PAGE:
Wendy Bradshaw And The Resignation Letter Heard Around The World
Wendy Bradshaw is a now-former special education teacher in Willow Oak, Florida, who had enough. She decided to take a stand at the growing uniformity and lack of innovation in public education and voiced all those frustrations in a letter — which she later turned in to a Facebook post — that struck a chord with teachers everywhere.
Bradshaw described her frustration to the School Board of Polk County, Florida, but the problems are ones faced all over the country as evidenced by the more than 72,000 shares and coverage from multiple media outlets. Here are some highlights and some of the most scathing criticisms.
- “Like many other teachers across the nation, I have become more and more disturbed by the misguided reforms taking place which are robbing my students of a developmentally appropriate education. Developmentally appropriate practice is the bedrock upon which early childhood education best practices are based, and has decades of empirical support behind it. However, the new reforms not only disregard this research, they are actively forcing teachers to engage in practices which are not only ineffective but actively harmful to child development and the learning process. I am absolutely willing to back up these statements with literature from the research base, but I doubt it will be asked for. However, I must be honest. This letter is also deeply personal. I just cannot justify making students cry anymore. They cry with frustration as they are asked to attempt tasks well out of their zone of proximal development. They cry as their hands shake trying to use an antiquated computer mouse on a ten year old desktop computer which they have little experience with, as the computer lab is always closed for testing. Their shoulders slump with defeat as they are put in front of poorly written tests that they cannot read, but must attempt. Their eyes fill with tears as they hunt for letters they have only recently learned so that they can type in responses with little hands which are too small to span the keyboard.”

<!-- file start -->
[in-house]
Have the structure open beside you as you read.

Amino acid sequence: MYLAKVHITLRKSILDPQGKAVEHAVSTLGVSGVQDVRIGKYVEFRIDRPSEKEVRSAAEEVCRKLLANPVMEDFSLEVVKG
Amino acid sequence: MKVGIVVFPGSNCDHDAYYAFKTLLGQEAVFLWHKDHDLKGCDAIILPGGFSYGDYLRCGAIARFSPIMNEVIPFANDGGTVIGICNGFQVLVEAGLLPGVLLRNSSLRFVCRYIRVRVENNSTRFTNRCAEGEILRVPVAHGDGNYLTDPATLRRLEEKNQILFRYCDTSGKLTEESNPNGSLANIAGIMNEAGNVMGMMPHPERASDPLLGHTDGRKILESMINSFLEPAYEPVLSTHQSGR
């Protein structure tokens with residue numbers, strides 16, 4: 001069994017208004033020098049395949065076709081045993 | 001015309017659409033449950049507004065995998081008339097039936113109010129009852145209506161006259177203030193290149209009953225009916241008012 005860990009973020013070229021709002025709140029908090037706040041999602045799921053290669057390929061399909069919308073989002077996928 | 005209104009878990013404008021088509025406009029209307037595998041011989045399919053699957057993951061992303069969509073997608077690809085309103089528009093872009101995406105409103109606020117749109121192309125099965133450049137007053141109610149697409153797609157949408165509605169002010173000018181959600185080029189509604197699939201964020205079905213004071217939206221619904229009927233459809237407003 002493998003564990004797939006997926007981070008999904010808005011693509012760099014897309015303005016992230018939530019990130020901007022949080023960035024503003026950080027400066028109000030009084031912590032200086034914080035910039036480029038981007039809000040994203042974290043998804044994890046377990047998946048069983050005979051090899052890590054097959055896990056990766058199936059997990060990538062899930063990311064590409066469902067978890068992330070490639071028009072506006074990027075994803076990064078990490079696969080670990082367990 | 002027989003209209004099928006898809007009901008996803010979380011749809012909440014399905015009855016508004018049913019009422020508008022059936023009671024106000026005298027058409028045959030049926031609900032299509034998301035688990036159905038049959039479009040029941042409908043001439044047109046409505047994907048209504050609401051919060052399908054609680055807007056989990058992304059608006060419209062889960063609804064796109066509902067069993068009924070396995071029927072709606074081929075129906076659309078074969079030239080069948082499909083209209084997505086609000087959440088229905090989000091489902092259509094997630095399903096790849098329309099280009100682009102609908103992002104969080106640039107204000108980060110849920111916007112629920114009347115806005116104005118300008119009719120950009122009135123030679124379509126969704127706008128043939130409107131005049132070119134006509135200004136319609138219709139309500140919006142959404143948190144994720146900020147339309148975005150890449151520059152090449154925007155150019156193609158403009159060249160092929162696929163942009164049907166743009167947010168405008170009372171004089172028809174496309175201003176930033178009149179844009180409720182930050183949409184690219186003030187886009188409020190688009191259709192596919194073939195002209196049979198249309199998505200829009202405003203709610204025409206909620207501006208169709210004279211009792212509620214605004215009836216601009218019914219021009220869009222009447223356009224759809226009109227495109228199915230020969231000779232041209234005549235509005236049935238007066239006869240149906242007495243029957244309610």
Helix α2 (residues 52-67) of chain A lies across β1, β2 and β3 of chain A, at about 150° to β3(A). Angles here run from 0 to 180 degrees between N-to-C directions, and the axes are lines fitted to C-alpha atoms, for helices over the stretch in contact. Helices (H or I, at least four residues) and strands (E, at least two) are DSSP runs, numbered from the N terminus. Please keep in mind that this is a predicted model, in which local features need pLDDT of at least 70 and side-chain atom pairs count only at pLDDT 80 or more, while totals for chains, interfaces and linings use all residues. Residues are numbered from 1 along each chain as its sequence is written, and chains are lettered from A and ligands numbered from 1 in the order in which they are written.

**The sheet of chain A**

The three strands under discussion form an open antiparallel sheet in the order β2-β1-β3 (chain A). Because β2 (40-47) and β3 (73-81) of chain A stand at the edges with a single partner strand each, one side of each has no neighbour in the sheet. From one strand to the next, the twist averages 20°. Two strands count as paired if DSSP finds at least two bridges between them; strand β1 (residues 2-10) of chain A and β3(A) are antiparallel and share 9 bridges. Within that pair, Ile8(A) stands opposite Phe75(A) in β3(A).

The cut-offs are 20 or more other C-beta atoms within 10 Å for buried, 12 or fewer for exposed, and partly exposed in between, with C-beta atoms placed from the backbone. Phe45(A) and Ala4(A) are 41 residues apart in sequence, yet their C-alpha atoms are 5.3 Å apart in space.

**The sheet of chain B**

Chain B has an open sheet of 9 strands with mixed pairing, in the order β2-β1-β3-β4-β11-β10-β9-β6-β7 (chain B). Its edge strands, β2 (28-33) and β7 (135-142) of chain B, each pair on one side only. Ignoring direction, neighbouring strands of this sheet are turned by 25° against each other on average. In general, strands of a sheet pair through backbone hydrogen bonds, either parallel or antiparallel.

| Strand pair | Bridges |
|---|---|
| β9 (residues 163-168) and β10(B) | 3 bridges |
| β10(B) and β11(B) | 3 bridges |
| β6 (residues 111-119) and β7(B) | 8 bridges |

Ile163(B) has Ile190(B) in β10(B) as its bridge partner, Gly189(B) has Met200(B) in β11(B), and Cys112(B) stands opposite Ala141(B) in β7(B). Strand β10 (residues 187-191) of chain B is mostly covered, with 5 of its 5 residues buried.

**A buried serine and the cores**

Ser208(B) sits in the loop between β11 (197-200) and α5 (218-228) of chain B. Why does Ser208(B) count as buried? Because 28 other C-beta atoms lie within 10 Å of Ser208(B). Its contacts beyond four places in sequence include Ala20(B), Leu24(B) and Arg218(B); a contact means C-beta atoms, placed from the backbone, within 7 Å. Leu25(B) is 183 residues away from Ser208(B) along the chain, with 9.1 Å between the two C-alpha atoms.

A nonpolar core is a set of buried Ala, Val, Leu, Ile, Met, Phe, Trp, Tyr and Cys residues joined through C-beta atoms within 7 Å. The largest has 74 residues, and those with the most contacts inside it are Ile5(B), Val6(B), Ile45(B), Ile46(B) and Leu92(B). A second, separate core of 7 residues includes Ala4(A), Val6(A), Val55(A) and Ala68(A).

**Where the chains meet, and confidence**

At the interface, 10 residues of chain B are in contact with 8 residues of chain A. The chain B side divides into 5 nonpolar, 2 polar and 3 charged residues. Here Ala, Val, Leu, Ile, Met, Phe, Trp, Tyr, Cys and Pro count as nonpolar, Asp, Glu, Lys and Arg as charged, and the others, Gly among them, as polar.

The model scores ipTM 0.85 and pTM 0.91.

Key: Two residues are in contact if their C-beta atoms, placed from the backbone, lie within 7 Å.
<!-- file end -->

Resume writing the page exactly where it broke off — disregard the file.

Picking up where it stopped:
- “The children don’t only cry. Some misbehave so that they will be the ‘bad kid’ not the ‘stupid kid’, or because their little bodies just can’t sit quietly anymore, or because they don’t know the social rules of school and there is no time to teach them. My master’s degree work focused on behavior disorders, so I can say with confidence that it is not the children who are disordered. The disorder is in the system which requires them to attempt curriculum and demonstrate behaviors far beyond what is appropriate for their age. The disorder is in the system which bars teachers from differentiating instruction meaningfully, which threatens disciplinary action if they decide their students need a five minute break from a difficult concept, or to extend a lesson which is exceptionally engaging. The disorder is in a system which has decided that students and teachers must be regimented to the minute and punished if they deviate. The disorder is in the system which values the scores on wildly inappropriate assessments more than teaching students in a meaningful and research based manner.”
- “On June 8, 2015 my life changed when I gave birth to my daughter. I remember cradling her in the hospital bed on our first night together and thinking, “In five years you will be in kindergarten and will go to school with me.” That thought should have brought me joy, but instead it brought dread. I will not subject my child to this disordered system, and I can no longer in good conscience be a part of it myself.”
While the Wendy Bradshaw resignation letter appeared to be a great catharsis for her, it also offered release for the many others in classrooms all across America who feel the same way. It was also a release for highly qualified teachers, who gave up the profession out of the same frustrations that Bradshaw so eloquently highlighted in her post.
Ever since No Child Left Behind (NCLB), which was a piece of legislation supported by both Republicans and Democrats including Democratic frontrunner Hillary Clinton and former President George W. Bush, there has been a disturbing trend towards increased testing and a “benchmark” level of education that all kids are supposed to somehow reach regardless of their developmental capabilities.